After the Marjory Stoneman Douglas High School shooting in Parkland, Florida, student activists and survivors ‘called BS’ on the National Rifle Association, pushed gun reform laws and registered young voters.
When a disgruntled former high school student in Parkland last year killed 17 people, mostly kids he’d sat alongside in classrooms over the years, it seemed certain to change the parameters of the gun debate in America — particularly when the attack’s passionate teenage survivors swarmed social media with demands for new restrictions on firearms.
They raised millions of dollars, registered tens of thousands of young voters, hired a Washington lobbyist and dramatically confronted pro-gun politicians on TV.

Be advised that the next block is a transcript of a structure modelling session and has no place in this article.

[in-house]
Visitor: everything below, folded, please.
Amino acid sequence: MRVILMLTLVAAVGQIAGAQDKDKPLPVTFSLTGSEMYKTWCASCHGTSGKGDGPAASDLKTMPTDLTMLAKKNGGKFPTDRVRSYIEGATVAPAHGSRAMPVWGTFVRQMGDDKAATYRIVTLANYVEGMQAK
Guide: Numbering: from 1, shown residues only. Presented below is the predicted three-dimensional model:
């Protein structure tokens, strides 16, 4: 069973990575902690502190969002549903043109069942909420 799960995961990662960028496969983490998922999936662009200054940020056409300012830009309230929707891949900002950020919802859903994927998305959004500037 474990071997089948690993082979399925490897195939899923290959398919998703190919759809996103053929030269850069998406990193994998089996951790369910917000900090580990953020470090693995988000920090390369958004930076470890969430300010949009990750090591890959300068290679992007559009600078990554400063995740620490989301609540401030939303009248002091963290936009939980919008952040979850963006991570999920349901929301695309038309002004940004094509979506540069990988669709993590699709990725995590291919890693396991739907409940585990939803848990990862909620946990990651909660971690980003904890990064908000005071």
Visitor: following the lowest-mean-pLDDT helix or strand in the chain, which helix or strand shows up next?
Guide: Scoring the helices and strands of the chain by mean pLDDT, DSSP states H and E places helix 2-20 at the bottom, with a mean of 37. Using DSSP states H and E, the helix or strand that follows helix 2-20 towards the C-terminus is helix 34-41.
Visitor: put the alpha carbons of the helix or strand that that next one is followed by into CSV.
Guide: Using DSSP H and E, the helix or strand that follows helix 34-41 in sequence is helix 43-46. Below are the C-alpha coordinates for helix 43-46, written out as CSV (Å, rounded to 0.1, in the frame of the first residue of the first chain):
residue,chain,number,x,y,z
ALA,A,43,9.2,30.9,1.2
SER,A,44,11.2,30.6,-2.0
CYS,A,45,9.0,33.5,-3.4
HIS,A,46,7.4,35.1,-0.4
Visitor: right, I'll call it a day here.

President Trump gave them a White House audience and a sympathetic ear, then scolded lawmakers for being “petrified” of the National Rifle Association. Even Florida, cradle of Stand Your Ground laws, where the NRA wields enormous influence, passed a ballyhooed gun law with Parkland parents invited to the signing.
But a year later, 2018 looks a lot like 1929, when Americans were shocked and appalled by the St. Valentine’s Day Massacre, yet ultimately did little to alter their country’s gun law in the long run. Or 1968, when much the same thing took place in the wake of the political assassinations of Robert Kennedy and Martin Luther King. Or 1993, when President Ronald Reagan was nearly killed by a crazed man trying to impress an actress. Or 1999 or 2007 or 2012, when school slaughters across the country took a total of 74 lives. [Read More]